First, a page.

Geeking Science: Uranus Magnetic Field Flips

Image from Nasa

Worlds are opening up as we look to the stars and find planets. Many of the exo-planets found are gas giants, so the little information we have about our Big Buddies in the Solar System is becoming more and more valuable.

On June 27, 2017, Xin Cao and Carol Paty article “Diurnal and seasonal variability of Uranus’s magnetosphere” appearing in the Journal of Geophysical Research: Space physics released to some minor shock and awe. Uranus’s magnetosphere is messed up. Not only is its spin axis 98 degrees off – making the planet’s path around the solar system more of a roll than a hover, but Uranus’s magnetic field is tilted at a 60 degrees angle.

The crazy rolling field twists around every day letting solar winds in some of the time, no doubt creating spectacular Borealis for whatever lives on the surface trying to figure out where the north and south poles are. The balance of the time, the magnetosphere pulls off the fan dance, hiding the naked gaseous surface from the winds.

How does the atmosphere of the gas giant remain in the gravity field instead of being blown into space by the winds?

And how many of the gas giants we have discovered outside our system dance like a drunken marble around their suns?

One way to find out is studying our Big Buddies a little more. Uranus’s only visitor has been Voyager 2 in 1986. NASA has possible missions heading that way next decade, maybe; feel free to write your Congressmen to make them a little more possible. I wonder what new mystery Uranus is going to reveal if we drop by again.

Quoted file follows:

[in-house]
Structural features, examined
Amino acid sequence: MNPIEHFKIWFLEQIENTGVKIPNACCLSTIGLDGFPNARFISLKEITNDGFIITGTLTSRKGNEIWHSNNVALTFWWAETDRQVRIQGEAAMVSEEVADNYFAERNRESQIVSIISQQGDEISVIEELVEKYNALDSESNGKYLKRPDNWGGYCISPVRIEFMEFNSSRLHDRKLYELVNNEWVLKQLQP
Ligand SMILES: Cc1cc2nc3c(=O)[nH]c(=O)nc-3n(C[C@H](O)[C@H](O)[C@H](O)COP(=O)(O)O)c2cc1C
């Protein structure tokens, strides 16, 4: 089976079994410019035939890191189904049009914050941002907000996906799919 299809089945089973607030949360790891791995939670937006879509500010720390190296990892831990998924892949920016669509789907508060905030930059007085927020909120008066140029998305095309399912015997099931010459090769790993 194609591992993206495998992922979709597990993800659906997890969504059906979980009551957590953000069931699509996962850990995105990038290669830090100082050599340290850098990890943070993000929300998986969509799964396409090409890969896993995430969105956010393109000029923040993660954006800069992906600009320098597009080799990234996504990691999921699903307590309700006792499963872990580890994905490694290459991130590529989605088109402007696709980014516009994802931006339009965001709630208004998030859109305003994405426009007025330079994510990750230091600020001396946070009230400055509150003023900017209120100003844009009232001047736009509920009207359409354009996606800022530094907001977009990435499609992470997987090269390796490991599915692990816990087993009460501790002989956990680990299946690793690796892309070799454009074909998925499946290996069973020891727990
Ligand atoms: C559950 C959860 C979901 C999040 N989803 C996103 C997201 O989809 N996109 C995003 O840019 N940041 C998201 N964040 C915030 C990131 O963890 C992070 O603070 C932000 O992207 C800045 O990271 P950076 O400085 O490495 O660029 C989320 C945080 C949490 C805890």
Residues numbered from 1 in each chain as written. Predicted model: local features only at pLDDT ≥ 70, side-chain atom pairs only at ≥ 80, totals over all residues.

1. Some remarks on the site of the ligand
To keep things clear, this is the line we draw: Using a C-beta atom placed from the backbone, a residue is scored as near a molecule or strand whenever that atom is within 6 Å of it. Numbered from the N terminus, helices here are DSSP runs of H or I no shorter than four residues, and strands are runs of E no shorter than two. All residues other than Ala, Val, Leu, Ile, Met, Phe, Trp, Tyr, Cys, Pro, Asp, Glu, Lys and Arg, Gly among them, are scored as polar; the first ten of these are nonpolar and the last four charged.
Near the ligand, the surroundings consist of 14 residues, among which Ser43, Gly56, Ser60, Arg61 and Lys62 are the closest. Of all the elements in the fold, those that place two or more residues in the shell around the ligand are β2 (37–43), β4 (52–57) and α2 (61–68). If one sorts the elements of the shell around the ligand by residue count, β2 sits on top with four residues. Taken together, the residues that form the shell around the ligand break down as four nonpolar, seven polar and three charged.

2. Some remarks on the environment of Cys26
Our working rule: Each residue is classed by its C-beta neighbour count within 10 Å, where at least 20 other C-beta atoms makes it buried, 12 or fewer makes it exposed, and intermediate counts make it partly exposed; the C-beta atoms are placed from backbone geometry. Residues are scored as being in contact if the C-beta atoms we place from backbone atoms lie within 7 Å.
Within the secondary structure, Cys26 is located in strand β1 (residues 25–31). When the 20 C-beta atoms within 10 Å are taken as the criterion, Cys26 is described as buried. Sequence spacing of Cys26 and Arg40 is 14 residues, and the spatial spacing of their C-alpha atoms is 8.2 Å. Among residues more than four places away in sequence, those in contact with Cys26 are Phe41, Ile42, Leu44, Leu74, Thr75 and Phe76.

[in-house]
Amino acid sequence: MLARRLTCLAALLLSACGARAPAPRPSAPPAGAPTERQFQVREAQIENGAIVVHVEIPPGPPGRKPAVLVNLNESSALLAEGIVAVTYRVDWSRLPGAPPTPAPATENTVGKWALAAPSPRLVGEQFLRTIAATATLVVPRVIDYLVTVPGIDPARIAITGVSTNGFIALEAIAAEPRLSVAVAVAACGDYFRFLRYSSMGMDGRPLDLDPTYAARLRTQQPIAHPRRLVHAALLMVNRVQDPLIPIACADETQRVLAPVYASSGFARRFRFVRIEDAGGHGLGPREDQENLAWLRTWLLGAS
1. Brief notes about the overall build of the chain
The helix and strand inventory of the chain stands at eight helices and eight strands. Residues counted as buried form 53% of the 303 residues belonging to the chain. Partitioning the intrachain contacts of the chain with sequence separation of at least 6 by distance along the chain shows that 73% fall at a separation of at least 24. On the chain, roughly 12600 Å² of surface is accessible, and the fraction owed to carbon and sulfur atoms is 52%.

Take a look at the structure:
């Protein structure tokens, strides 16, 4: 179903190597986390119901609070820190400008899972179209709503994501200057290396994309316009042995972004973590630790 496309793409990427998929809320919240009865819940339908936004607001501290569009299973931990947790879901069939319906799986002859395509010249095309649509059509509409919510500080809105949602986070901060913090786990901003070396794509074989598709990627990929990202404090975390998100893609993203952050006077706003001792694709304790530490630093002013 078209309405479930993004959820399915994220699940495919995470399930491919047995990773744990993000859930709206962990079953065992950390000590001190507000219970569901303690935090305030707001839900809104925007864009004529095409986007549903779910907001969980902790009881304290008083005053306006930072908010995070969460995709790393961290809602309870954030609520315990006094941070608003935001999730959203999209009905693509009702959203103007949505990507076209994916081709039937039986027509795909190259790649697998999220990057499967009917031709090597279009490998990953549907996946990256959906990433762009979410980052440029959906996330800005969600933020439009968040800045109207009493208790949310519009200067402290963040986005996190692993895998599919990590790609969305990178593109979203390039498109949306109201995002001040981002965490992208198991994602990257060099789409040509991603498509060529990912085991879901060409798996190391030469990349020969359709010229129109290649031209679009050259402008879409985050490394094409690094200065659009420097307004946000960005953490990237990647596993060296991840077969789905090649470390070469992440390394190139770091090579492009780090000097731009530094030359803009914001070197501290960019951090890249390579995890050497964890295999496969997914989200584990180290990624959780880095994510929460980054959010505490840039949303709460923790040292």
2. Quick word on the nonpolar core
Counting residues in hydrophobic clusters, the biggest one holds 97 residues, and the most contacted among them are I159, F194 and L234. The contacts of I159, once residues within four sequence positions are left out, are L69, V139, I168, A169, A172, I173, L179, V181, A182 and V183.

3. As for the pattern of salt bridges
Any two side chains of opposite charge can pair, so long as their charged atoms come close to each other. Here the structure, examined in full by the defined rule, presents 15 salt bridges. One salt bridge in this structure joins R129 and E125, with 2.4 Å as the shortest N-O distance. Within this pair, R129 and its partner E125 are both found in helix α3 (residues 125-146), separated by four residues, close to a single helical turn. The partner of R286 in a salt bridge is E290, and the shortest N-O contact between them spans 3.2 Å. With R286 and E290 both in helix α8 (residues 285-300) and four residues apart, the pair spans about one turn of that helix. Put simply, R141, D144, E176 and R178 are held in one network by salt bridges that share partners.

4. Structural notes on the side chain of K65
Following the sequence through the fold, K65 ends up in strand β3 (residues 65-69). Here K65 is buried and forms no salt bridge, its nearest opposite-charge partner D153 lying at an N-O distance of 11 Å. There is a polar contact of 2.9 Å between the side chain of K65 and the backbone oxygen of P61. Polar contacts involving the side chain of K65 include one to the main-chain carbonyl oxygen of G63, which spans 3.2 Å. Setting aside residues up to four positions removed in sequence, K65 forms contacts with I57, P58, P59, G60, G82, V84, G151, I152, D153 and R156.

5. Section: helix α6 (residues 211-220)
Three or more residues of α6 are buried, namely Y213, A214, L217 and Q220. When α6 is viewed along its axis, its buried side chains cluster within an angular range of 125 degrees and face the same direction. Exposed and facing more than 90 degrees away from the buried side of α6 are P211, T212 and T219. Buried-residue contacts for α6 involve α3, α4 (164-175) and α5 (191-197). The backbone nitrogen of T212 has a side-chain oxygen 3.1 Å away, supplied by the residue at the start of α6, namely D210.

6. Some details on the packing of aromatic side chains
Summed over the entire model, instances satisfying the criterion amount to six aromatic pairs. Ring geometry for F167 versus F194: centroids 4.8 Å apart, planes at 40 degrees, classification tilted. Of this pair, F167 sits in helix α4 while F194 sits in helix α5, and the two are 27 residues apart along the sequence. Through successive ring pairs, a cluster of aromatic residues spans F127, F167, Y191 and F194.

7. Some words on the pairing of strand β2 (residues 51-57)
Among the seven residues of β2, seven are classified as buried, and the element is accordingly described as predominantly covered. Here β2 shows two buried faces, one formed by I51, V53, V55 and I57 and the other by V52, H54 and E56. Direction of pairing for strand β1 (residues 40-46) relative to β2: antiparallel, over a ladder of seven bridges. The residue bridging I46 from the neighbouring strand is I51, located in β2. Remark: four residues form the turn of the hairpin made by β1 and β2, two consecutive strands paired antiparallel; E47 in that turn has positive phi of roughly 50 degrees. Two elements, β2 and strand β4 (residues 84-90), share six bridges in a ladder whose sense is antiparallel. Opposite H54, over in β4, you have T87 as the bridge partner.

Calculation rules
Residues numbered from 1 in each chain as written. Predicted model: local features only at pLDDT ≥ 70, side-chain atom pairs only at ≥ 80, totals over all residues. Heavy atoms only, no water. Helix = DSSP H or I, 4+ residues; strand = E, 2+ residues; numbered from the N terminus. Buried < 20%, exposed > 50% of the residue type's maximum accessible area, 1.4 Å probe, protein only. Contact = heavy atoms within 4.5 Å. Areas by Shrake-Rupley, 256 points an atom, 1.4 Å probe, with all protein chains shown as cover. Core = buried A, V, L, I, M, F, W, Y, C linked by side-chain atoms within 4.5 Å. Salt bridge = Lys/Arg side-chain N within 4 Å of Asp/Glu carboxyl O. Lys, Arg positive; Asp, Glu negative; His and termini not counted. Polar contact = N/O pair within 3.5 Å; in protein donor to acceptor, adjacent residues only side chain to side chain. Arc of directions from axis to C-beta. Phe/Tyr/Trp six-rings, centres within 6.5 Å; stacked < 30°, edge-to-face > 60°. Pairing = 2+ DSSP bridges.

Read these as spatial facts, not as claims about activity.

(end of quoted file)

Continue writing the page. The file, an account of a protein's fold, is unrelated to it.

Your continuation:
Abstract for Diurnal and seasonal variability of Uranus’s magnetosphere. (Last viewed 11/10/2017 – link did not work on 11/16/2017).

Uranus is Even Freakier Than We Thought by Rae Paoletta, 6/23/2017. (Last viewed 11/10/2017).

Geeking Science: Planet of Mystery

Logo from the Planet of Mystery GoFundMe

I am lucky enough to live in a small city with a planetarium – one which had an amazing astronomer named Jim Craig running its programming for over 20 years. This guy geeks science so hard he would go to writer’s conventions state-wide and be on science panel after science panel on his weekends off, because science. He has a tattoo of NASA. When he was let go from the day job, he immediately pounded feet to his computer and started making those astronomy videos he used to make for the planetarium and local school system at home. He named his new production company “Planet of Mystery” and started creating its first program “Red Planet Rising”. The aim is to have low-cost videos available to planetariums, science centers, schools, and other people and entities interested in life, the universe, and everything.